“The Carolina Away cost of attendance used for 2020-21 financial aid eligibility includes an allowance for technology,” the FAQ states. “Qualifying students may use these funds to upgrade their internet or purchase mobile hotspots.”

Carolina Away students can enroll in courses that are either completely online, or are “HyFlex,” which has both an online and in-person option, Colloredo-Mansfeld said. 

“Carolina Away, as a program, is really there to help students make the most of our digital offerings, but it is not a separate set of offerings,” Colloredo-Mansfeld said. 

The program requires students to take a one-credit COVID-19 Investigations and Learning Communities class that is unique to Carolina Away students, Colloredo-Mansfeld said. These investigation courses are targeted to different subject areas related to COVID-19 and will have guest speakers.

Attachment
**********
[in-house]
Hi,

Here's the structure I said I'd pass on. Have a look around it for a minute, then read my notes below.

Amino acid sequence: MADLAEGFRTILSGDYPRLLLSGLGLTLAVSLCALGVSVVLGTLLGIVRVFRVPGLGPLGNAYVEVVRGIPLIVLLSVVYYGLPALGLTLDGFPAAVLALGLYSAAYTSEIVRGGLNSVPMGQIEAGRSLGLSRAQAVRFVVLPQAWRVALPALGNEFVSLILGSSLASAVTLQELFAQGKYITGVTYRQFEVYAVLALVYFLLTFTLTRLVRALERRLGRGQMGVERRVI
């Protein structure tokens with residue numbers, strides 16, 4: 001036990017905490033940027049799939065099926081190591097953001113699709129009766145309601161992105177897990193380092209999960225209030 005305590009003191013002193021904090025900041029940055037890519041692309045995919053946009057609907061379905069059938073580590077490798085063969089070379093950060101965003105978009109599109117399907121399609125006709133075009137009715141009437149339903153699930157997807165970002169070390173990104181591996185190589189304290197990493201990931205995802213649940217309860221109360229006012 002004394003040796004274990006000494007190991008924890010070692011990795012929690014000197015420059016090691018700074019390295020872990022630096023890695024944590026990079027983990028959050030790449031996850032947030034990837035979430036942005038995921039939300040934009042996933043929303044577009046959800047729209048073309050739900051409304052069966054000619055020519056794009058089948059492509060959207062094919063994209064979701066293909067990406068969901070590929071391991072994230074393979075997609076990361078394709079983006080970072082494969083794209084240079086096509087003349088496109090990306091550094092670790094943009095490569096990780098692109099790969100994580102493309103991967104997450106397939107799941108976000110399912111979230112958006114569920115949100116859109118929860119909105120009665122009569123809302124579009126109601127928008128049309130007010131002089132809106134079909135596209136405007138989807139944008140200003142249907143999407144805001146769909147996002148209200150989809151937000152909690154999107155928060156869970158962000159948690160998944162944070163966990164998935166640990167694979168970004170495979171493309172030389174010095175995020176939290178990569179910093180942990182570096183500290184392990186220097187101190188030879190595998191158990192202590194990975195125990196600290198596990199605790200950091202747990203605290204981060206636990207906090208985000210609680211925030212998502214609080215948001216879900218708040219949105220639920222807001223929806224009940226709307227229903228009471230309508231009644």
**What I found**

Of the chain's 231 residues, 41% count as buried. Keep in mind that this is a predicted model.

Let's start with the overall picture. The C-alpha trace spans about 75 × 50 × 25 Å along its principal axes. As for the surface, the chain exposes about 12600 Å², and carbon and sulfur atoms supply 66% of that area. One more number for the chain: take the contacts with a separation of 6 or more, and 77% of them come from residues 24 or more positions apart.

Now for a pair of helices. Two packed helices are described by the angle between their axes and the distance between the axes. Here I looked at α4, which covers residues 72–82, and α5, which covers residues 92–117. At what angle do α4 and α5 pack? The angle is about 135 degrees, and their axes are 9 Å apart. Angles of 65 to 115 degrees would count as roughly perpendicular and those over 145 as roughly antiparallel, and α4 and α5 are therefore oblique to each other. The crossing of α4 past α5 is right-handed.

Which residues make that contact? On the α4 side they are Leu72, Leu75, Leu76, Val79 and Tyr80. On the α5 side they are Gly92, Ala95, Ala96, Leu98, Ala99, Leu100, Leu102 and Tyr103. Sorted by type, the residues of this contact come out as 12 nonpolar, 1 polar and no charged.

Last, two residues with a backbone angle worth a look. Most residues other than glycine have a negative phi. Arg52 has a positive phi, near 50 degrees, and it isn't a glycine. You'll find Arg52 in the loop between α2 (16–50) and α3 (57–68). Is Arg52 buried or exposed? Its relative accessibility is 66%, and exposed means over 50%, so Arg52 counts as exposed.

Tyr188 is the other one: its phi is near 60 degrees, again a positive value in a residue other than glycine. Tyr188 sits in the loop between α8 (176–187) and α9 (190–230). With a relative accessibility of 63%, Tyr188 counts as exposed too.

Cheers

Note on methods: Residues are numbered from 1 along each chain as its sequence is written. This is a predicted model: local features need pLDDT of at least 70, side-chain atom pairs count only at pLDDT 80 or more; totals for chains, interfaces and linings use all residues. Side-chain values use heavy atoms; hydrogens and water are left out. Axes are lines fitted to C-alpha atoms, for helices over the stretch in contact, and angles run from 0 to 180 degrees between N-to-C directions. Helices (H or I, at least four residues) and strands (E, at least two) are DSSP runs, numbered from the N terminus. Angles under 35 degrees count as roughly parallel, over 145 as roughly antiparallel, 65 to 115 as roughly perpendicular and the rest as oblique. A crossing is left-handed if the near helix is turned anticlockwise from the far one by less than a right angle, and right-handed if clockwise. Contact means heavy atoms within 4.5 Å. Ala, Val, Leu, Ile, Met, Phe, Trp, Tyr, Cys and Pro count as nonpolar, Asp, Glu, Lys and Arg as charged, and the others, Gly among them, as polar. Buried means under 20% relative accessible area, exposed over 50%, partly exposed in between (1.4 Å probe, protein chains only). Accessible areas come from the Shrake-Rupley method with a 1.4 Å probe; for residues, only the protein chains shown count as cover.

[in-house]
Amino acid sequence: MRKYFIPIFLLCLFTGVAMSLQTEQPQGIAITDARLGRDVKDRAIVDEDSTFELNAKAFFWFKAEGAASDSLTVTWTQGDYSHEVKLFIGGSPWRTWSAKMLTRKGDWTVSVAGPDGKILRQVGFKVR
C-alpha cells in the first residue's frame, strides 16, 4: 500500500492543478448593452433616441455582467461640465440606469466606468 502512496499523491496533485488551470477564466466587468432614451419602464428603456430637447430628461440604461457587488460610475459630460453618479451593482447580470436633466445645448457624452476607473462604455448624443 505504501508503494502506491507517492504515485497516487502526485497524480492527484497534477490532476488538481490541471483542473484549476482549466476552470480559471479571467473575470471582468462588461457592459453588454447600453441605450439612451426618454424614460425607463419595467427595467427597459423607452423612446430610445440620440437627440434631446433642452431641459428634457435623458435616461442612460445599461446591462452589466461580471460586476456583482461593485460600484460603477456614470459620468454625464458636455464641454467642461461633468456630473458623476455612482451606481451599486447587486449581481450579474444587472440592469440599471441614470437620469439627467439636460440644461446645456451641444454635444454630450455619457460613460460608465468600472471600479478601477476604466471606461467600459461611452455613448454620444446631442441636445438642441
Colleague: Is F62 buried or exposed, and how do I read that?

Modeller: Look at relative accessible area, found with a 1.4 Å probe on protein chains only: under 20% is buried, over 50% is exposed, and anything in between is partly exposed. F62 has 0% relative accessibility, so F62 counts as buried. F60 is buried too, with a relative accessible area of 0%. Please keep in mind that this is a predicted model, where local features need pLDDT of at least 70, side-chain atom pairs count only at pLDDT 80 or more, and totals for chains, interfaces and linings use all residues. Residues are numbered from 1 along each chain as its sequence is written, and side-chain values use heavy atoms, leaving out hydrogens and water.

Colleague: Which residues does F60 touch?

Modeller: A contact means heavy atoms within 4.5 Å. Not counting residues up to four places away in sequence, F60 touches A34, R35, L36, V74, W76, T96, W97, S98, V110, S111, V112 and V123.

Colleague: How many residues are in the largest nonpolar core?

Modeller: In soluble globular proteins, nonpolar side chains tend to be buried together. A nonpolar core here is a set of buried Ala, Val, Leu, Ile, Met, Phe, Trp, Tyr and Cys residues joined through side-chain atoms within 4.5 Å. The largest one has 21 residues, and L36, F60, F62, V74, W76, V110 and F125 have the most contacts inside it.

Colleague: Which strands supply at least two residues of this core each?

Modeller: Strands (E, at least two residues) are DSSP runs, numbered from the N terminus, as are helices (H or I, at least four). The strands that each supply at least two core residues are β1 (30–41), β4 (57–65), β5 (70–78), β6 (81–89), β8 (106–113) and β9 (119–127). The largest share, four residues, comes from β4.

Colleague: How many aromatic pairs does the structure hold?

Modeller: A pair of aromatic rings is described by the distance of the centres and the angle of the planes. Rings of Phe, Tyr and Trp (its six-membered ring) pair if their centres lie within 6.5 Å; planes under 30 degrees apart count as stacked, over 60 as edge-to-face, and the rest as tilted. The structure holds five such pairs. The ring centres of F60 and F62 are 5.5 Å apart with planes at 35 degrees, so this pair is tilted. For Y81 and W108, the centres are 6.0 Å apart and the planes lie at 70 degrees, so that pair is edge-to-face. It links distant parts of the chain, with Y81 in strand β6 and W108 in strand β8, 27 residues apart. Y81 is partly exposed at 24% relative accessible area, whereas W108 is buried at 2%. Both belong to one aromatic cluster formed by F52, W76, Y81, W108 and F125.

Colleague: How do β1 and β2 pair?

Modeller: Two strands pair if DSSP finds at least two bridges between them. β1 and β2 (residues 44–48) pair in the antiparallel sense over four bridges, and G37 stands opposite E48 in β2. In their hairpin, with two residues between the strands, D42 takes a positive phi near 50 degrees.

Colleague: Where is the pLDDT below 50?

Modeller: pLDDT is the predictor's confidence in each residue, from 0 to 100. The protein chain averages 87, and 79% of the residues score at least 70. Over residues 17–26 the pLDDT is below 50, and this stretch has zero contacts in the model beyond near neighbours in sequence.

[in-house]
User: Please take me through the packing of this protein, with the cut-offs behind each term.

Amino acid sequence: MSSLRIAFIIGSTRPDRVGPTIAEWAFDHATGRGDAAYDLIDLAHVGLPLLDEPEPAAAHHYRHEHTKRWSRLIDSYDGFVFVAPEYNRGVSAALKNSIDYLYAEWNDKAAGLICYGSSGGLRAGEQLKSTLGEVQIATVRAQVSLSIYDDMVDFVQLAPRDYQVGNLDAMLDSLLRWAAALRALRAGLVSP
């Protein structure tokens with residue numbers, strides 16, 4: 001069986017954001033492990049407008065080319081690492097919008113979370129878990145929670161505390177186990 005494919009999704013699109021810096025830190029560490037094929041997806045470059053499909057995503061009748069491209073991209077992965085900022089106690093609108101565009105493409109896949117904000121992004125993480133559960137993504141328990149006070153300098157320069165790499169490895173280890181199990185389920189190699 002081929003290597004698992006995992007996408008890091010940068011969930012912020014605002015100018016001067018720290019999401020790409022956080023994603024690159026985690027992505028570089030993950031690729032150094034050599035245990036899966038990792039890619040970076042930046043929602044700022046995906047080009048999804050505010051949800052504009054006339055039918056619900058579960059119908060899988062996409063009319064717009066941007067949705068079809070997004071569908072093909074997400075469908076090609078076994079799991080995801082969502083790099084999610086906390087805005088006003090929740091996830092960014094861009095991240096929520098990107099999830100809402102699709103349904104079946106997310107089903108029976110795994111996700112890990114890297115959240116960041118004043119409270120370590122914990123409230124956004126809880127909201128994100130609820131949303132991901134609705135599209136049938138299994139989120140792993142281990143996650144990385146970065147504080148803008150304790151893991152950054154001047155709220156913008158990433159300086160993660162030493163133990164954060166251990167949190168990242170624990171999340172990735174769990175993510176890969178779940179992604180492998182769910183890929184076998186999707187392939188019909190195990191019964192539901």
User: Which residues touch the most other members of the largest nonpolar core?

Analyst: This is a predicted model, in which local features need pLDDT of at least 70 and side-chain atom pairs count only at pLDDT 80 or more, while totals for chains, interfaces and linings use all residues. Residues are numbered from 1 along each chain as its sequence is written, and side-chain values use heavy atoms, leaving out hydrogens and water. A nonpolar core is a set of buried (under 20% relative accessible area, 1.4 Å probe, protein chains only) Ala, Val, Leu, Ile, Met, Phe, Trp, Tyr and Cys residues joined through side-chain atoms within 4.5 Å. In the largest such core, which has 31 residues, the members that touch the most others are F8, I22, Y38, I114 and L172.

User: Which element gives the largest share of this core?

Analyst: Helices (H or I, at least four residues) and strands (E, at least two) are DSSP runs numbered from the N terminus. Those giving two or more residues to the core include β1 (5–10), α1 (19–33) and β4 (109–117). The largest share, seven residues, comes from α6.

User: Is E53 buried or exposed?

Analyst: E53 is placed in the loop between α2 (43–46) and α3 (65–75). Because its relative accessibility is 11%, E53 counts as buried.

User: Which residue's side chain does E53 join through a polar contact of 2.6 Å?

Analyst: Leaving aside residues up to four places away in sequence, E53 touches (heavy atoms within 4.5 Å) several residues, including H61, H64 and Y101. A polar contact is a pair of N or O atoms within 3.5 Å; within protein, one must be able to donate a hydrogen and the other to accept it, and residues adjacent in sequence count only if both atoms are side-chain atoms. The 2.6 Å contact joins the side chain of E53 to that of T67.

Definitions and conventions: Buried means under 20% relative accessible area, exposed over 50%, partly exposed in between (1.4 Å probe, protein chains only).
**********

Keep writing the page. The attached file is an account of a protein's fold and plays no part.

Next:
Jim Appiah said he is a first-year international student from Ghana participating in Carolina Away. He said he’s participating in the program because there are visa restrictions from his home country that prevented him from attending UNC in the fall. Appiah said he received guidance from UNC’s Office of International Student and Scholar Services when deciding to join the program. 

He said that one of the challenges of the program so far was registering for classes because of the time difference in his home country. 

“Because they didn’t personalize the enrollment ... it made it very difficult,” Appiah said. “Some of my classes will now be around 10 [p.m.].”